Abstract Objectives: The study aim was to assess bias magnitudes of periodontal disease severity estimates for specific partial recording protocols (PRPs) in epidemiological studies. Material and Methods: Estimates of mean clinical attachment loss (MCAL) and mean probing pocket depth (MPPD) were derived for 20 different PRPs using full-mouth periodontal data from 1437 dentate Brazilian subjects 14,103 years old having at least four teeth. Biases, relative biases and intra-class correlations for all PRPs were evaluated. Graphical methods were used to assess how well the PRP-based estimates agreed with full-mouth scores across levels of disease. Results: Slightly higher levels of disease were evidenced on lingual than on buccal sites. Seven multi-site PRPs and the Ramfjörd PRP produced small biases in MPPD (,0.17 to 0.04 mm) and MCAL with relative biases under 8% and 4% in absolute value for MPPD and MCAL, respectively. Biases for full- and random half-mouth-based PRPs were similar. The three-site random half-mouth MB,B,DL and the Ramfjörd PRPs produced the smallest biases, with relative biases <3% in absolute value for MPPD and MCAL. Conclusions: Bias for MPPD or MCAL estimates varies by site type, number of sites per tooth and number of quadrants included in the PRP. [source]

    Clinical changes in periodontium during pregnancy and post-partum

    Mervi Gürsoy
    Abstract Background and Aim: Pregnancy has been presented to increase susceptibility to gingival inflammation. It is unclear whether pregnancy gingivitis exposes or proceeds to periodontitis. We examined longitudinally the severity of periodontal changes during pregnancy and post-partum, and compared the findings with an age-matched group of non-pregnant women. Material and Methods: Thirty generally healthy, non-smoking women at an early phase of their pregnancy and 24 non-pregnant women as controls were recruited. The pregnant group was examined three times during pregnancy and twice during post-partum, and the non-pregnant group three times, once per subsequent month. At each visit, visible plaque index (VPI), bleeding on probing (BOP), probing pocket depth (PPD), and clinical attachment level (CAL) were measured from six sites per tooth. Results: In the pregnant group, BOP and PPD increased simultaneously without relation to plaque between the first and second trimesters, and thereafter decreased during subsequent visits. No changes were detected in CAL during the study period. In the non-pregnant group, BOP stayed invariable during the follow-up and correlated with the amount of plaque. Neither periodontal pocket formation nor significant changes in attachment levels were observed. Conclusion: Based on this study, changes in clinical parameters during pregnancy are reversible, indicating that pregnancy gingivitis does not predispose or proceed to periodontitis. [source]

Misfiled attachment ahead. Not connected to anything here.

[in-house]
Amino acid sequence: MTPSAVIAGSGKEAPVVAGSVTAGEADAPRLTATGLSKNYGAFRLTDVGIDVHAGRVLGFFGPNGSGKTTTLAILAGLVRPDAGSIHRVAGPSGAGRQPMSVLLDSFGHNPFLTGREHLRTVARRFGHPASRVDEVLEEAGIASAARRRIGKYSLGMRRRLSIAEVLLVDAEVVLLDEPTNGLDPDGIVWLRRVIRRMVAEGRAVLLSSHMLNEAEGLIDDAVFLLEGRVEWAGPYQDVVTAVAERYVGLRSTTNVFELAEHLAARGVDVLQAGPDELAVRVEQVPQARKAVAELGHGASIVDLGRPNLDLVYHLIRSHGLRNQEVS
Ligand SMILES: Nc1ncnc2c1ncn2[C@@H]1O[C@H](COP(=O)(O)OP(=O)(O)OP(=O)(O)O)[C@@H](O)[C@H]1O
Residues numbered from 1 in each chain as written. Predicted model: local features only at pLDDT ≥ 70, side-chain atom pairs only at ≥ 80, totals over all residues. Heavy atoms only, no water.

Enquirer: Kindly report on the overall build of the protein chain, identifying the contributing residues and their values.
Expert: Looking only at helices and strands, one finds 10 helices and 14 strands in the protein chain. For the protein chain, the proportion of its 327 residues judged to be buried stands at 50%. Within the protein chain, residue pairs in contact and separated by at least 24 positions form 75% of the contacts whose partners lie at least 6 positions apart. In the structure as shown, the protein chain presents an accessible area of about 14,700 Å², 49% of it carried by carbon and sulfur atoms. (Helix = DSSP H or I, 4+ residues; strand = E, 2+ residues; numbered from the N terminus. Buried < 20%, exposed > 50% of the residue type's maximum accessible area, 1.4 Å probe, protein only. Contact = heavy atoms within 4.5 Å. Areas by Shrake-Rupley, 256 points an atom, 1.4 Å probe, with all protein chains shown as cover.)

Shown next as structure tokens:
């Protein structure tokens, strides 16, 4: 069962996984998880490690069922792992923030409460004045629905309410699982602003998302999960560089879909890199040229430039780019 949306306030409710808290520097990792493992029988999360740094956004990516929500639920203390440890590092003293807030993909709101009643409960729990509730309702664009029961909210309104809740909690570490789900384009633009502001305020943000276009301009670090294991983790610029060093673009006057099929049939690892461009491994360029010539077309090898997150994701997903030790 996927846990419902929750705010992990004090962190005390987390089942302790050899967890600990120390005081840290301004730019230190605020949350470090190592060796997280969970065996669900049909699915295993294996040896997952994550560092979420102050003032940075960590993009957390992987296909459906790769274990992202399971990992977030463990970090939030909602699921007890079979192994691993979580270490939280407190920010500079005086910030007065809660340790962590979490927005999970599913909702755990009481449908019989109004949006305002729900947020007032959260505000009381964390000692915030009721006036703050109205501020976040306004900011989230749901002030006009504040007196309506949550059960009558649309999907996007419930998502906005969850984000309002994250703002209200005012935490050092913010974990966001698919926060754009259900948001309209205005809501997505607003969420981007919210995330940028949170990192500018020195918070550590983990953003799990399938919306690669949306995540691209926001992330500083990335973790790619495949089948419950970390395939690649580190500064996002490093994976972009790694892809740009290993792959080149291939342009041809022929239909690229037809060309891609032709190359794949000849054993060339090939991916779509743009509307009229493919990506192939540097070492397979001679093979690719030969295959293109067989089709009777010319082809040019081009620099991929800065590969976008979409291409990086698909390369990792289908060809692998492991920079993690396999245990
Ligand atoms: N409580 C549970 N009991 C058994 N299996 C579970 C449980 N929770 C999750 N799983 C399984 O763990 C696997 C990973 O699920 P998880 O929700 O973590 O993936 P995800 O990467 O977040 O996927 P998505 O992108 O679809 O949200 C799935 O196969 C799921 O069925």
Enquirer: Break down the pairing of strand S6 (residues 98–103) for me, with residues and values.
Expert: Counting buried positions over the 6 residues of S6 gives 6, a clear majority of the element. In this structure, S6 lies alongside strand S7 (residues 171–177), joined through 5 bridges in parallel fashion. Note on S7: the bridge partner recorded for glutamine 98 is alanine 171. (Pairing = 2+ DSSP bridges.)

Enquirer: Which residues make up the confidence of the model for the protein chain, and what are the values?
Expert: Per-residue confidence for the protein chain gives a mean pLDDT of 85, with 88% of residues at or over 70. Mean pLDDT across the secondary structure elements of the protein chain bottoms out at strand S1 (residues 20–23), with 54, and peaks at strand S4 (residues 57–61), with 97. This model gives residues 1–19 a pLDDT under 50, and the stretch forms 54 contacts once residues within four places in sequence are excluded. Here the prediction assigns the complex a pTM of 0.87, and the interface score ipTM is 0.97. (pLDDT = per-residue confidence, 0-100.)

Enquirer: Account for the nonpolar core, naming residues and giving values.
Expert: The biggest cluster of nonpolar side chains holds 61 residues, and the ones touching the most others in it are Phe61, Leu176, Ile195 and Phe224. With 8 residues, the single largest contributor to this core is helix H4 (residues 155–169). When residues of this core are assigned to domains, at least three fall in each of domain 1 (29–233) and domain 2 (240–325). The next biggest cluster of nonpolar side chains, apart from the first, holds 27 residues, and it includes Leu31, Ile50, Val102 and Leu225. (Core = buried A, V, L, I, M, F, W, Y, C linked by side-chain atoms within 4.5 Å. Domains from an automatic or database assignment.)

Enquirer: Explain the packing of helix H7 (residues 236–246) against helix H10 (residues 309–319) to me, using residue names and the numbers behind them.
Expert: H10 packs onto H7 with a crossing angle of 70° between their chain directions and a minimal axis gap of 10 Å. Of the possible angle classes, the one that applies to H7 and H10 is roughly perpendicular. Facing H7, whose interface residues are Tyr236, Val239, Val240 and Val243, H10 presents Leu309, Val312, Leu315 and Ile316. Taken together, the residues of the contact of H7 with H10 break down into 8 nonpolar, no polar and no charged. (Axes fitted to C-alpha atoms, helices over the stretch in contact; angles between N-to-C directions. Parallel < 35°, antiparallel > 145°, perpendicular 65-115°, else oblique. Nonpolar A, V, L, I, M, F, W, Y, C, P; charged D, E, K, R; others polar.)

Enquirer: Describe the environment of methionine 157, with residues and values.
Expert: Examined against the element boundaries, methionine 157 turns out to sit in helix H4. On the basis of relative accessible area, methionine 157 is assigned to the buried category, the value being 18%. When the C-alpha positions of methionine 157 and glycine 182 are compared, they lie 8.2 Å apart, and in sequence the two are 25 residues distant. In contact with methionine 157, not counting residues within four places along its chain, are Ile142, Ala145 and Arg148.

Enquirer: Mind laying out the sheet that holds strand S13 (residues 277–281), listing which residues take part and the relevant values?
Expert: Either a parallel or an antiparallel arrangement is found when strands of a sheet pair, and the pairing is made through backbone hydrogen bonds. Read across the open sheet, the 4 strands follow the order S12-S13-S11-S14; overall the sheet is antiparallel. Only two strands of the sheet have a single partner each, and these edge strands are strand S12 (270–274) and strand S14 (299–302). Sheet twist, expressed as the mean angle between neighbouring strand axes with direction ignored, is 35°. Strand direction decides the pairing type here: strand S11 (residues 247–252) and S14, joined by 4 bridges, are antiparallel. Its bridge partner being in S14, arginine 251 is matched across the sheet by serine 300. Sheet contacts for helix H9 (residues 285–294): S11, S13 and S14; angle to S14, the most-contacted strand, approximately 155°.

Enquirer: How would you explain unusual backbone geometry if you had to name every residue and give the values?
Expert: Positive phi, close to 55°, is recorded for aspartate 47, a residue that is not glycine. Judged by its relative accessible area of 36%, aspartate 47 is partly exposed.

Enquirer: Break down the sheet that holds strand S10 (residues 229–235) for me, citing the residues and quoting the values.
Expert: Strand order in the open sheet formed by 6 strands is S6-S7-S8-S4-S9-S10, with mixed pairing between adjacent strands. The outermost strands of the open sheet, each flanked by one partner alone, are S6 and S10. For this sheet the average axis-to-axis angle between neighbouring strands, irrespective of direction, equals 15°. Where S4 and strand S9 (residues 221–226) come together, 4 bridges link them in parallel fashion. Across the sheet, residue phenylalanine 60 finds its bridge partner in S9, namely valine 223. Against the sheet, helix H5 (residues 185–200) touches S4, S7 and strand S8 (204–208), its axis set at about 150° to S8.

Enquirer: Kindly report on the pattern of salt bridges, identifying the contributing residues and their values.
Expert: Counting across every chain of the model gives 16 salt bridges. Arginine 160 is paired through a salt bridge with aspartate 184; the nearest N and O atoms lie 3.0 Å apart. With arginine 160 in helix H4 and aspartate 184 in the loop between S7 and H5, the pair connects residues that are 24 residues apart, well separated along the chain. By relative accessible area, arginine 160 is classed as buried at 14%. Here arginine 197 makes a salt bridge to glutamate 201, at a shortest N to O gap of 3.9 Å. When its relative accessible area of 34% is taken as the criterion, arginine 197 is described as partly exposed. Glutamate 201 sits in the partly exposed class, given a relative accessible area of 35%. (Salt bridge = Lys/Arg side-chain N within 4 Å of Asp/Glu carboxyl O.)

Bleeding on probing differentially relates to bacterial profiles: the Oral Infections and Vascular Disease Epidemiology Study